Marking new low in ties, Abbas recalls Palestinian envoy from US

After chilly stint in Washington, Husam Zomlot will be back in Ramallah Wednesday as Palestinians fume over embassy transfer to Jerusalem

Jacob Magid is The Times of Israel's US bureau chief

Husam Zomlot, the PLO envoy to Washington, speaks to reporters in Washington, DC, Aug. 17, 2017. (Ron Kampeas/JTA)
Husam Zomlot, the PLO envoy to Washington, speaks to reporters in Washington, DC, Aug. 17, 2017. (Ron Kampeas/JTA)

Citing the US embassy move to Jerusalem, Palestinian Authority President Mahmoud Abbas recalled the Palestinian envoy to Washington Tuesday, marking a new low in already frayed ties between Ramallah and the White House.

A statement from the Palestinian Foreign Ministry announcing the decision stated that Husam Zomlot will arrive back in the West Bank on Wednesday.

It did not say how long Zomlot, the most senior Palestinian official in Washington, would be withdrawn for.

“When [the US] opened their embassy in Jerusalem there was a need for a decision from our side and this was our decision,” Palestinian Foreign Minister Riad Malki said.

The Palestinians have reacted furiously to US President Donald Trump’s December announcement recognizing Jerusalem as Israel’s capital and moving his country’s embassy there from Tel Aviv.

The Palestinians had frozen contacts with US officials over peace efforts, saying the move exposed Washington’s pro-Israel bias and rejecting it as a mediator, but had left Zomlot in place until now.

Chief Palestinian negotiator Saeb Erekat dismissed Washington Tuesday as “no longer a partner and a broker.”

“We will not sit with them,” Erekat said. “They have become part of the problem not part of the solution, a big part of the problem. Trump’s administration is the biggest problem.”

On Monday, Abbas responded to the US embassy inauguration in Jerusalem by calling it “a new settlement outpost, just like the Israeli settlements,” and an “assault on our sovereignty, an assault on our established rights,” according to a translation from Al-Jazeera.

“Palestine is for the Palestinians and is not, as the Jews claim, the land of their ancestors,” he said, echoing comments he made in several recent speeches, including an address earlier this month that was widely denounced as anti-Semitic.

The new US embassy is housed in the compound that was previously the US consulate in Arnona, at the southern edge of Jerusalem. The compound straddles the pre-1967 armistice border known as the Green Line.

Palestinians want the eastern part of Jerusalem as their future capital. Until Monday, all countries had refused to place embassies in Jerusalem, saying the status of the city needed to be resolved first.

Prime Minister Benjamin Netanyahu speaks at the official opening ceremony of the US embassy in Jerusalem on May 14, 2018. Yonatan Sindel/Flash90)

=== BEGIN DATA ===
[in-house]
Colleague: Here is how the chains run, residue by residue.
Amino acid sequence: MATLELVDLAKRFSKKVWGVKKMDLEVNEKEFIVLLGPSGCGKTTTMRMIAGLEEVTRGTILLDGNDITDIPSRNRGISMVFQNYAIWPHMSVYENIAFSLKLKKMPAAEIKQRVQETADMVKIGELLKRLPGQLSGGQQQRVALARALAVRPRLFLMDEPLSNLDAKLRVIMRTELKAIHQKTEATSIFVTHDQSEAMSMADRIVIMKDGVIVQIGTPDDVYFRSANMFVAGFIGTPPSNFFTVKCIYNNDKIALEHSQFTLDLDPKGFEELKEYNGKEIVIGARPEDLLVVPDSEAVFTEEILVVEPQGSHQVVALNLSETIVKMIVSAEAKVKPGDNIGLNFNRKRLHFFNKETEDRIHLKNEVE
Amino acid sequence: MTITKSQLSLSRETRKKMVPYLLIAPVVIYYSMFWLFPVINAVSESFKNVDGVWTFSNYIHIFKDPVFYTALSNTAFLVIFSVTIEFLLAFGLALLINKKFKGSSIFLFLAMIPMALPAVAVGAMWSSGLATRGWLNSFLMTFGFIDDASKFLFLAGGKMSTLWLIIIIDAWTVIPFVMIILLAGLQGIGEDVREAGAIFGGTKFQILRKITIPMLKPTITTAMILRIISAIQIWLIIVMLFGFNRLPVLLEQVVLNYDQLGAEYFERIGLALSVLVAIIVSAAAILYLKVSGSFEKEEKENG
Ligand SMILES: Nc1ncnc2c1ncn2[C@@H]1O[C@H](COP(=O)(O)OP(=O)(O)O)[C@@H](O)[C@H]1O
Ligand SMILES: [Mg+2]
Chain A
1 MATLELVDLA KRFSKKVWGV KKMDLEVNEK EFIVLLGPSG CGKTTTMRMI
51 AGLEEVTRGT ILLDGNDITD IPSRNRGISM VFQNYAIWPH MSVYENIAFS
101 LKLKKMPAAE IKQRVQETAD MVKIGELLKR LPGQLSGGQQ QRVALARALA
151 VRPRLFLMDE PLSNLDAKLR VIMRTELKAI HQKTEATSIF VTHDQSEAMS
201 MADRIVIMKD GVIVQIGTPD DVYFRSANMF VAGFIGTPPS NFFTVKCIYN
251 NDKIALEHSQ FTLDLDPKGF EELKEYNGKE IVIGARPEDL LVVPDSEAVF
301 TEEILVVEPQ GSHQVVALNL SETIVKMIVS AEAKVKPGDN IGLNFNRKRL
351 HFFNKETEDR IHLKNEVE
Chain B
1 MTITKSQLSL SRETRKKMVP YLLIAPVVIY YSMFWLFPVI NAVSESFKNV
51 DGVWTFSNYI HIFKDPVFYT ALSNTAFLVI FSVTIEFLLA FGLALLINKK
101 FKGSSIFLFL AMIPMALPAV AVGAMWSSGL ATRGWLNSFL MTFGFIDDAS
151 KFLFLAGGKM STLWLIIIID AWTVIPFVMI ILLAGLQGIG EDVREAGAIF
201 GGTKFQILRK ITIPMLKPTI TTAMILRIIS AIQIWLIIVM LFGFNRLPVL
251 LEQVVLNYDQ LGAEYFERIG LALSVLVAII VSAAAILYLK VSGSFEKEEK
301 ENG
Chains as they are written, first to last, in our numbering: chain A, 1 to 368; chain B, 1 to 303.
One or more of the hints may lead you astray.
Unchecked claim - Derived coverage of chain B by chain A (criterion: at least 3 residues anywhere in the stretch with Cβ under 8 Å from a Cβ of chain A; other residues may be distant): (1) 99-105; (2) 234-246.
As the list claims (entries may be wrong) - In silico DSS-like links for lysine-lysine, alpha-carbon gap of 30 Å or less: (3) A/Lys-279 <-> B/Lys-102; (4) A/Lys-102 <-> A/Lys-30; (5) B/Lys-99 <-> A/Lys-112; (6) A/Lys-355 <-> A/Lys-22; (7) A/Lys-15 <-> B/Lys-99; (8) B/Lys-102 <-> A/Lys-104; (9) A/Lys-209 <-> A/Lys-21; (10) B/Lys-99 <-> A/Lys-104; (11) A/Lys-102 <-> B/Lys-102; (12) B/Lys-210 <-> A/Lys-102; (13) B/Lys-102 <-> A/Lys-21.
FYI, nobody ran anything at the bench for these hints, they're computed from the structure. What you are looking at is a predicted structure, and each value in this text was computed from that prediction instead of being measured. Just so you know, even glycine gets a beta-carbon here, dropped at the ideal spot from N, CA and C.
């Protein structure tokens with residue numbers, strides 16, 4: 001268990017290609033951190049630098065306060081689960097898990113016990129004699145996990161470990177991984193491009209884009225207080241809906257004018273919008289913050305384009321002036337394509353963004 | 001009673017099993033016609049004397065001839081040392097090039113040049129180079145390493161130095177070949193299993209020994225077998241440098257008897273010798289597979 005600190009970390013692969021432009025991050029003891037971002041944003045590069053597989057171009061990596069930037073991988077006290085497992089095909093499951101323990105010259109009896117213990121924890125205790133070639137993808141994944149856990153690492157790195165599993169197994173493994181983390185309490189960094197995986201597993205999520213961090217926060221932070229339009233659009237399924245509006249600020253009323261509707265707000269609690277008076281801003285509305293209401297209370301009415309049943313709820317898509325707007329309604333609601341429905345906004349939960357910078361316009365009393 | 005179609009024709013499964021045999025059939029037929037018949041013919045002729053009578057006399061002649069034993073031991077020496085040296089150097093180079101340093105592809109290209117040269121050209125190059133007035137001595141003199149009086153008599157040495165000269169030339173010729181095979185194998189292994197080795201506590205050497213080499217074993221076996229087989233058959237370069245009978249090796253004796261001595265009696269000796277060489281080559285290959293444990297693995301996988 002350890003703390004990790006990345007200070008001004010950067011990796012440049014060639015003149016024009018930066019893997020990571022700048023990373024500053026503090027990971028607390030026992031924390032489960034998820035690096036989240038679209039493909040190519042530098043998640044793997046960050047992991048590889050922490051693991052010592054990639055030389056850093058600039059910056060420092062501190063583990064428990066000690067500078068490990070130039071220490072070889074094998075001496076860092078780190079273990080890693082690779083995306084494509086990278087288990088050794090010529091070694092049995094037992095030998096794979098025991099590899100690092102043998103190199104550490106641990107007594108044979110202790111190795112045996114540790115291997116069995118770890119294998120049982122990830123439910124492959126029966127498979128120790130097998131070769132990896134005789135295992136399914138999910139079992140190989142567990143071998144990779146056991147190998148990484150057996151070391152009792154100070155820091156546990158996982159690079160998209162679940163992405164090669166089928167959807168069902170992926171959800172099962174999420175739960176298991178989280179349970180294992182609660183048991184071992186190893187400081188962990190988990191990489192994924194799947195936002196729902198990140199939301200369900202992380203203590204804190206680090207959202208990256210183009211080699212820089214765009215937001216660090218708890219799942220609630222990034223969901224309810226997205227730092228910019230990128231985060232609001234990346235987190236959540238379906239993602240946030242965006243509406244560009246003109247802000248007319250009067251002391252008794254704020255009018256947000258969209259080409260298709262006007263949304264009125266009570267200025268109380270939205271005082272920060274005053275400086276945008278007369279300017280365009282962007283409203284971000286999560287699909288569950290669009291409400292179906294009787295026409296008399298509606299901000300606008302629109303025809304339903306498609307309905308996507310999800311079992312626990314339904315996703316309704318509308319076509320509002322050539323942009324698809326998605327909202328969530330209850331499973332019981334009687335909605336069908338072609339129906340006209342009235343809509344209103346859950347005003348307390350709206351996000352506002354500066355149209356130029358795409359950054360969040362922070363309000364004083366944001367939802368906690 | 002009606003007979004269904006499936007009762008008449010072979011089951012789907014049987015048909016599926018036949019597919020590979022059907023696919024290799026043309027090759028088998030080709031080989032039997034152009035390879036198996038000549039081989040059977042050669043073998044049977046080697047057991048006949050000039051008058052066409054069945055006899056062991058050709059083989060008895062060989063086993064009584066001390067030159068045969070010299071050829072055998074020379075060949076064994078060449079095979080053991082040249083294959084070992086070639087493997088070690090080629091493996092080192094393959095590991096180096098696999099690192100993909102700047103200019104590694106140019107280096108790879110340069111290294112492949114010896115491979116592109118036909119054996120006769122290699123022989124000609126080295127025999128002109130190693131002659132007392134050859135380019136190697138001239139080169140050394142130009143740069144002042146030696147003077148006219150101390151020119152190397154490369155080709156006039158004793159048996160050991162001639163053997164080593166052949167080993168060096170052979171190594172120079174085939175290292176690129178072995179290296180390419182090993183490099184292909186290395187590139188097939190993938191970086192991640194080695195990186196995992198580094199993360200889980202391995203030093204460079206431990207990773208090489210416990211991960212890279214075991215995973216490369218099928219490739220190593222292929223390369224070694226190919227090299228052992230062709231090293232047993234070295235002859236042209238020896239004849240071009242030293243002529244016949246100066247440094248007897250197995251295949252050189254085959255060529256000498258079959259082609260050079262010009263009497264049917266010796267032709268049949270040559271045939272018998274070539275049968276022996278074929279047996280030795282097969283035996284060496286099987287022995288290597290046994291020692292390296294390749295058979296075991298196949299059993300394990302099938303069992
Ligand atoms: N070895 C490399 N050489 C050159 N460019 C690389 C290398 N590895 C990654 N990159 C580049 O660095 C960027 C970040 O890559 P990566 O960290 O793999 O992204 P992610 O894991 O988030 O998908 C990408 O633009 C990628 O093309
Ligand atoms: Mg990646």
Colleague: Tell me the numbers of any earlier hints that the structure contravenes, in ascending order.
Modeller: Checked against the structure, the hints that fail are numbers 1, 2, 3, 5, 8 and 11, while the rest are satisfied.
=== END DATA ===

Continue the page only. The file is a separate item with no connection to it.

The date of Monday’s embassy opening also angered Palestinians, coming the day before they commemorate the Nakba, or “catastrophe” — the uprooting of hundreds of thousands who fled or were expelled during the 1948 Israeli Independence War.

The Israeli government welcomed the embassy move, which coincided with the 70th anniversary of the country’s establishment.

The event was overshadowed by mass protests along the Gaza border in which Israeli fire killed 60 Palestinians.

The IDF has maintained that Monday’s demonstration, and those that preceded it, was not a popular uprising, but was instead a Hamas-led military operation to carry out attacks on IDF soldiers and potentially Israeli civilians under the cover of innocent protests. The IDF had said Sunday that Hamas planned to send armed terrorists through any breach in the fence to “massacre” Israelis.

The Hamas and Palestinian Islamic Jihad terror groups acknowledged Tuesday that 13 operatives from their organizations were among the fatalities Monday. Israel said at least 24 of the dead were members of terror groups.

The Palestinian Foreign Ministry statement did not refer to the deaths, only the embassy move.

Zomlot’s 14 month stint in Washington took place during one of the most chilly periods of US-Palestinian relations.

While the PLO envoy told reporters just weeks before his March 2017 arrival that Trump seemed “committed” and “serious” about helping Israelis and Palestinians reach a peace deal, relations never really took off from there.

Palestinians carry an injured man who was shot by Israeli troops during a deadly protest at the Gaza Strip’s border with Israel, east of Khan Younis, on May 14, 2018. (AP Photo/Khalil Hamra)

In June, US Ambassador to the United Nations Nikki Haley announced that she would block any appointment of a Palestinian official to a senior role at the UN because Washington “does not recognize Palestine” as an independent state.

In November, the Trump administration announced it was shutting him and his operation down because Abbas, in a speech at the UN, had violated an American law by calling for Israelis to be prosecuted in international court.

After a public backlash, the Trump administration reversed course. It said the Palestine Liberation Organization’s mission could stay open, but scaled back: Only activities advancing Israeli-Palestinian peace talks would be allowed. The US instructed the Palestinians against making new long-term commitments like signing leases or employee contracts.

The next month, the White House recognized Jerusalem as Israel’s capital and announced the upcoming embassy move — a decision which Zomlot described as a stab in the back of the Palestinians.

In March, Trump also signed into law the Taylor Force Act, legislation that would cut US aid to the Palestinian Authority if it does not cease its program of making social welfare payments to the families of Palestinian terrorists.

AFP and AP contributed to this report.

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